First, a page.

As expected, the top lot came for the Nicolo Amati (1596-1684) violin that was knocked down to a private buyer at £360,000.
Bearing its original label, it had been made in Cremona in 1658 and was a rare example of Amati's so-called 'Grand Pattern', which is a larger instrument than usual, foreshadowing Stradivari's work in the 1680s, and is the most sought-after type of Amati violin.
Nicolo Amati was the grandson of Andrea Amati, who invented the violin in Cremona in about 1550, and was traditionally thought to be the teacher of Stradivari, though recent research suggests that this was probably not the case.
The violin here was estimated at £200,000-300,000 and had previously been in the collection of Gerald Segelman, the leading British collector of the post-War period, who owned at least five Amatis and various great violins by Stradivari and Guarneri del Gesù as well.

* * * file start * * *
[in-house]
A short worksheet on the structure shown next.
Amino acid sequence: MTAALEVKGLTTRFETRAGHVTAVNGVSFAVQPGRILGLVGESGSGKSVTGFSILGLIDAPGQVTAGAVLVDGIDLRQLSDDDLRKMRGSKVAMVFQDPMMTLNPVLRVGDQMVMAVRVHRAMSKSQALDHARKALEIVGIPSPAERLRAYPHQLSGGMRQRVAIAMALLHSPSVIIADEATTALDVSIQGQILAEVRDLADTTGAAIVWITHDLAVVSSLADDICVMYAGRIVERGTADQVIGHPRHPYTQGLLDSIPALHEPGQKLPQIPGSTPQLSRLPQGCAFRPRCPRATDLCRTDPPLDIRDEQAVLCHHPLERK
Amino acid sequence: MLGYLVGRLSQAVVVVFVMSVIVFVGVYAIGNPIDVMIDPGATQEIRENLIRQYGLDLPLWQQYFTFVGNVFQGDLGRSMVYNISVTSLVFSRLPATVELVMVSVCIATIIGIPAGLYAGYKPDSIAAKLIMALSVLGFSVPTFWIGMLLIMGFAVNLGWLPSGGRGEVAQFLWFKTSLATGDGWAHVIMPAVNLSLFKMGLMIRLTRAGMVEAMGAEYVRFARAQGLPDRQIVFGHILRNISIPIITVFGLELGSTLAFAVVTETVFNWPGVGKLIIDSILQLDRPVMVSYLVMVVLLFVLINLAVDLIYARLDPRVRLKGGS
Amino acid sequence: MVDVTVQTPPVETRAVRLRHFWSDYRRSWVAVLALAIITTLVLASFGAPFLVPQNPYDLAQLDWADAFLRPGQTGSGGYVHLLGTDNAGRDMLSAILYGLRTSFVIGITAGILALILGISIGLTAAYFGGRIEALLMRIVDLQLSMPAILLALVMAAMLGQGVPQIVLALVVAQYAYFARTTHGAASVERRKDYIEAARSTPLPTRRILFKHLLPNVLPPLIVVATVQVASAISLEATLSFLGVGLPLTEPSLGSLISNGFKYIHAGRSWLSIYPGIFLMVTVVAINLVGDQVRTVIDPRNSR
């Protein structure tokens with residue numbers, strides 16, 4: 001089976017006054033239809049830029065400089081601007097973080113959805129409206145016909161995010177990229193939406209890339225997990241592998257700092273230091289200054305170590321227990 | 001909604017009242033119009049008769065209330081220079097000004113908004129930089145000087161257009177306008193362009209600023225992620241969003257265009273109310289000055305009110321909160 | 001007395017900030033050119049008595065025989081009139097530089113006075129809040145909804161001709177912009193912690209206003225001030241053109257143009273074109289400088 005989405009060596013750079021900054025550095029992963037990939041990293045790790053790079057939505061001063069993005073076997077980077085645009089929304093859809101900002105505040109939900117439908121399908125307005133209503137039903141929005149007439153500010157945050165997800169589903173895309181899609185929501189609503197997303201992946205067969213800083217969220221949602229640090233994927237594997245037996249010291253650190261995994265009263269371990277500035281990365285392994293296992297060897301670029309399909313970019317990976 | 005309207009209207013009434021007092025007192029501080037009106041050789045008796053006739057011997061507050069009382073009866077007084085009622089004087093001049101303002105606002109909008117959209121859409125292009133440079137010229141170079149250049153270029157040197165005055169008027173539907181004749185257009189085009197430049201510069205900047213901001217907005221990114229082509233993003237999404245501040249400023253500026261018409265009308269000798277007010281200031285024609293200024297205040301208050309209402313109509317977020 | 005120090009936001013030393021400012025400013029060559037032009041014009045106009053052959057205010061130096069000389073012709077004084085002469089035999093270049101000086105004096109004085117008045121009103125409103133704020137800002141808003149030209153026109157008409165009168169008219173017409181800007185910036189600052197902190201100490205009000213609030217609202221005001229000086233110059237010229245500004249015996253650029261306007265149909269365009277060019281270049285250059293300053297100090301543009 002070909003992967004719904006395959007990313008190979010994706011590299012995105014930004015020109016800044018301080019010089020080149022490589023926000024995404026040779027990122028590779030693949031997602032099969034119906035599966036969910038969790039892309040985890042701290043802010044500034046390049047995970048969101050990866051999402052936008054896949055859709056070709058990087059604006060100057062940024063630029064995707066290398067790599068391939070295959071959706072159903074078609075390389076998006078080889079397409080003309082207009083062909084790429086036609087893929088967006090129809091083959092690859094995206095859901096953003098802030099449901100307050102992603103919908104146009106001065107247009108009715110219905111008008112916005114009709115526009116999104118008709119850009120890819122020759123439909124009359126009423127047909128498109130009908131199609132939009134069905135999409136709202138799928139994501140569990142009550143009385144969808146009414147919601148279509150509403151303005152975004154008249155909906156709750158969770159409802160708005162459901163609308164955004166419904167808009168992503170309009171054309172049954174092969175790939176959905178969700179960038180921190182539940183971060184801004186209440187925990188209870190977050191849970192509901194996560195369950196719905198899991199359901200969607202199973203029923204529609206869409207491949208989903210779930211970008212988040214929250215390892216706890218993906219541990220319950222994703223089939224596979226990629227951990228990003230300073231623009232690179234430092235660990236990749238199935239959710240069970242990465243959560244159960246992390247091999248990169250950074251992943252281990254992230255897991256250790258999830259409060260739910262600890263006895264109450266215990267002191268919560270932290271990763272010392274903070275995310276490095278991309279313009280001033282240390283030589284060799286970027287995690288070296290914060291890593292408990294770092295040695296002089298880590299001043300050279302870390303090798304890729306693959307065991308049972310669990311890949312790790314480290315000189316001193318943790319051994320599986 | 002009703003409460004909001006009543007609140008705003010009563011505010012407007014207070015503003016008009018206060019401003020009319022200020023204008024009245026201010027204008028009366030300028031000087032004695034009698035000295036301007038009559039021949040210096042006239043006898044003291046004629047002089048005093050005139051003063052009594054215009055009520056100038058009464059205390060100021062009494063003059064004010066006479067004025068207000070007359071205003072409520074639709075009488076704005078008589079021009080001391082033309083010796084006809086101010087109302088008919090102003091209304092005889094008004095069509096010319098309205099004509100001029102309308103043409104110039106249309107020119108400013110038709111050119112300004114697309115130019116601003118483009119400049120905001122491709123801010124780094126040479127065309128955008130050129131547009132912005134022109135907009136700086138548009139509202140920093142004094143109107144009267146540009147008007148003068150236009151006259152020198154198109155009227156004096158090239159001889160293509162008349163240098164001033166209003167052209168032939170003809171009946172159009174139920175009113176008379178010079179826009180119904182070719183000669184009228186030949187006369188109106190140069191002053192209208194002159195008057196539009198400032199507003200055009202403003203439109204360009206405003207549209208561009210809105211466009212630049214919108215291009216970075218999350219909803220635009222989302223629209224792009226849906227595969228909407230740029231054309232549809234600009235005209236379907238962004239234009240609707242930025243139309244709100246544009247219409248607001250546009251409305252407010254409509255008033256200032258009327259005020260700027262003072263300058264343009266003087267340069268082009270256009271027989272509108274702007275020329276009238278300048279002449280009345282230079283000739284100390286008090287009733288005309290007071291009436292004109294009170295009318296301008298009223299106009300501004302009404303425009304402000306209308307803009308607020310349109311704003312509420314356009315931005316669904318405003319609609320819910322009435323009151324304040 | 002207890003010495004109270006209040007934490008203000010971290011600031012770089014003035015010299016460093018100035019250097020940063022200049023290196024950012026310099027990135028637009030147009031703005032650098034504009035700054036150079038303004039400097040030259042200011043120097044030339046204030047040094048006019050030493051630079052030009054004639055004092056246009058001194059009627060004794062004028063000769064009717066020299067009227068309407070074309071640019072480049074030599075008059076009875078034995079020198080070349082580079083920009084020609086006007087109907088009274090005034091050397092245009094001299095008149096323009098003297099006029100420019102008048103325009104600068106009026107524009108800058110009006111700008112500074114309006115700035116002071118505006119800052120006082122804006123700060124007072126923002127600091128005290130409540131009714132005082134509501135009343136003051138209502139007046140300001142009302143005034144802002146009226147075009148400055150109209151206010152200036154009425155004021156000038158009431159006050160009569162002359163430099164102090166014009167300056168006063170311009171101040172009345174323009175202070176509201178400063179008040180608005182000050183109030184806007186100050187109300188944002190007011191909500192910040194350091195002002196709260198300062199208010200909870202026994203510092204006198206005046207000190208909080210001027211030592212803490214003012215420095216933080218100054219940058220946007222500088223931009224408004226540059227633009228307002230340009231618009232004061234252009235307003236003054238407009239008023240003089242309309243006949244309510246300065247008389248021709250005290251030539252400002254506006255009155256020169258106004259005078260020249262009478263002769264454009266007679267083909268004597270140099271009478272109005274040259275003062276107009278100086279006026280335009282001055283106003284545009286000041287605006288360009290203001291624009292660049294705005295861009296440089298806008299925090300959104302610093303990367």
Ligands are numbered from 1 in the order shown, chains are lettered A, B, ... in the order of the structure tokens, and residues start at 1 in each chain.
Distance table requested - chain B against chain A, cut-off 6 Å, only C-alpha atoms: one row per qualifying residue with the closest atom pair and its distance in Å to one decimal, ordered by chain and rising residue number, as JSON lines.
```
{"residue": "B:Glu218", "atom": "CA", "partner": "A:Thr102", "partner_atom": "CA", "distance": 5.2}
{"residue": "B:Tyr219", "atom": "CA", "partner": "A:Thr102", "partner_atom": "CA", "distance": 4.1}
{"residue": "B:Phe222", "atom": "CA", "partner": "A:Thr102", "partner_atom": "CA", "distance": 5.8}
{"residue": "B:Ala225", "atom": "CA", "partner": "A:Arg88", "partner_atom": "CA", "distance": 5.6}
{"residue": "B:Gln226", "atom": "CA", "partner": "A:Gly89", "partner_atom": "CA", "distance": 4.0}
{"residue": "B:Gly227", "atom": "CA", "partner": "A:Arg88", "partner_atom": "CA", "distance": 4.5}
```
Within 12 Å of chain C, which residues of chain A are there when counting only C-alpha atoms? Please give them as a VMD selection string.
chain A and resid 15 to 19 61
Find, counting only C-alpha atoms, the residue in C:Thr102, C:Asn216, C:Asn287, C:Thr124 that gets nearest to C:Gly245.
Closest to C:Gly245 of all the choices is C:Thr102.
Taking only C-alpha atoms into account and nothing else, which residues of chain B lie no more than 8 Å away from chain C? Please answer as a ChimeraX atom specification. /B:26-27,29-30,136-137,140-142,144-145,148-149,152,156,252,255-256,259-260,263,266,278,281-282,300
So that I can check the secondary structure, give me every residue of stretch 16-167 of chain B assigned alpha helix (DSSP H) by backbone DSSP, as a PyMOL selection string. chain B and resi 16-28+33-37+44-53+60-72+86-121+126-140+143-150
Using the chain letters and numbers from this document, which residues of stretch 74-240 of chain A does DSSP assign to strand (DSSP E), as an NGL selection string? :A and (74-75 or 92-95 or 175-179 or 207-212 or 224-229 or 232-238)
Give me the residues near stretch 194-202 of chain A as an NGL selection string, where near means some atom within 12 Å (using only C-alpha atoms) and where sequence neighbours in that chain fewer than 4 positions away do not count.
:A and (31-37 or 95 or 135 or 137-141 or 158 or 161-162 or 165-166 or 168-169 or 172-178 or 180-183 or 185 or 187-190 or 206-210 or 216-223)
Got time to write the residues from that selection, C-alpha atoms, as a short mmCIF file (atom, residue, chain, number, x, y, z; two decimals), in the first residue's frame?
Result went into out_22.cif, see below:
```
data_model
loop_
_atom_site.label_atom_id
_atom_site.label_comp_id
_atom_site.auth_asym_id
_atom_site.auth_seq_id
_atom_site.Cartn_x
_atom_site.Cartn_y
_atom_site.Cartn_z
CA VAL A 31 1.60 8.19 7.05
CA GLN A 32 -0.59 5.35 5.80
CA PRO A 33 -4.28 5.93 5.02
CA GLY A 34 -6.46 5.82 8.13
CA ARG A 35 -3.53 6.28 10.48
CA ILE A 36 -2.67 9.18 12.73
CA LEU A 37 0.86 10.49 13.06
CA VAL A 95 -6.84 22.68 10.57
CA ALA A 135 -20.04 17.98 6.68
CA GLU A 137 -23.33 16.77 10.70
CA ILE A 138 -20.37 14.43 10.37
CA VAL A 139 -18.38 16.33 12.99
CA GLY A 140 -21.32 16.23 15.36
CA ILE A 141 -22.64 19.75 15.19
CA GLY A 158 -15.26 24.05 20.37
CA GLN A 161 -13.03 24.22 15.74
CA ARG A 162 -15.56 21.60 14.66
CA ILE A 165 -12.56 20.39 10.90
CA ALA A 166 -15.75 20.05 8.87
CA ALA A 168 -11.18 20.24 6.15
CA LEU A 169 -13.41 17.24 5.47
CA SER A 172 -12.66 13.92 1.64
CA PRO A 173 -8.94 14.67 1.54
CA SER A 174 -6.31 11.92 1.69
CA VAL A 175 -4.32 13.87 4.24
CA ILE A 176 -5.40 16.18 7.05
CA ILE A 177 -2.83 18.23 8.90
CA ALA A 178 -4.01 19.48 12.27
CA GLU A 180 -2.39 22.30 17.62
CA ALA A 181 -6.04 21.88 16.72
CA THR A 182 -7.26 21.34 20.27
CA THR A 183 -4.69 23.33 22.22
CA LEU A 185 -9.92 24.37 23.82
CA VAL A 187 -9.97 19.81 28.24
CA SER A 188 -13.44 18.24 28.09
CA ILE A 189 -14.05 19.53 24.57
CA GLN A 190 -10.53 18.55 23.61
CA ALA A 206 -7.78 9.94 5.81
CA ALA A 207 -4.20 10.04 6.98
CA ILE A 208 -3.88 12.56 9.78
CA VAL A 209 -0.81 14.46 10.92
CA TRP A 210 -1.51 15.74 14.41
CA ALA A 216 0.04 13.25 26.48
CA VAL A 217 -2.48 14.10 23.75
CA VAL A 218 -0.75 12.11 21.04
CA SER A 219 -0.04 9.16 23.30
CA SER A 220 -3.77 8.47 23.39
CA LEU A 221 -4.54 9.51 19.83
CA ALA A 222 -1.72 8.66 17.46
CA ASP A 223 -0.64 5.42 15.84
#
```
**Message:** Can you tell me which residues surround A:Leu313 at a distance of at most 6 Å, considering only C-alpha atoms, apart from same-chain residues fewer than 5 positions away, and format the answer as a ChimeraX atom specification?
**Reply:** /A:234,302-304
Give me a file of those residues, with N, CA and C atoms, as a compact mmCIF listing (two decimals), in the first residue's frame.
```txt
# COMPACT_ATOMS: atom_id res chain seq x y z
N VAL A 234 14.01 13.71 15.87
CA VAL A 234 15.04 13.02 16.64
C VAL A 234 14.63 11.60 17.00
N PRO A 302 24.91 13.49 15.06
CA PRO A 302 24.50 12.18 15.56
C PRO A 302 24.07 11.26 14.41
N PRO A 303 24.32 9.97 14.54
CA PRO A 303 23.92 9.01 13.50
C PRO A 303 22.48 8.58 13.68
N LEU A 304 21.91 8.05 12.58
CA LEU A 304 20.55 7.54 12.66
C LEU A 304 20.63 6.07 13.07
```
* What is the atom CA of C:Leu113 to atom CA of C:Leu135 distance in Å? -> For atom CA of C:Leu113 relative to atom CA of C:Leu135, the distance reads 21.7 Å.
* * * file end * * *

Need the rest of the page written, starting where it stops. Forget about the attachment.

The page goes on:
The price fetched at the current sale exceeded the $540,000 (£332,000) made by another Nicolo Amati violin sold at Tarisio in October 2009 which held the previous auction record for the violin maker.
The event itself was held at Sotheby's rooms in New Bond Street.
Ingles & Hayday was founded earlier this year by Tim Ingles and Paul Hayday, previously directors of Sotheby's musical instrument department, and they will continue to hold bi-annual sales at Sotheby's, the next scheduled for October 29.
The buyer's premium was 20%.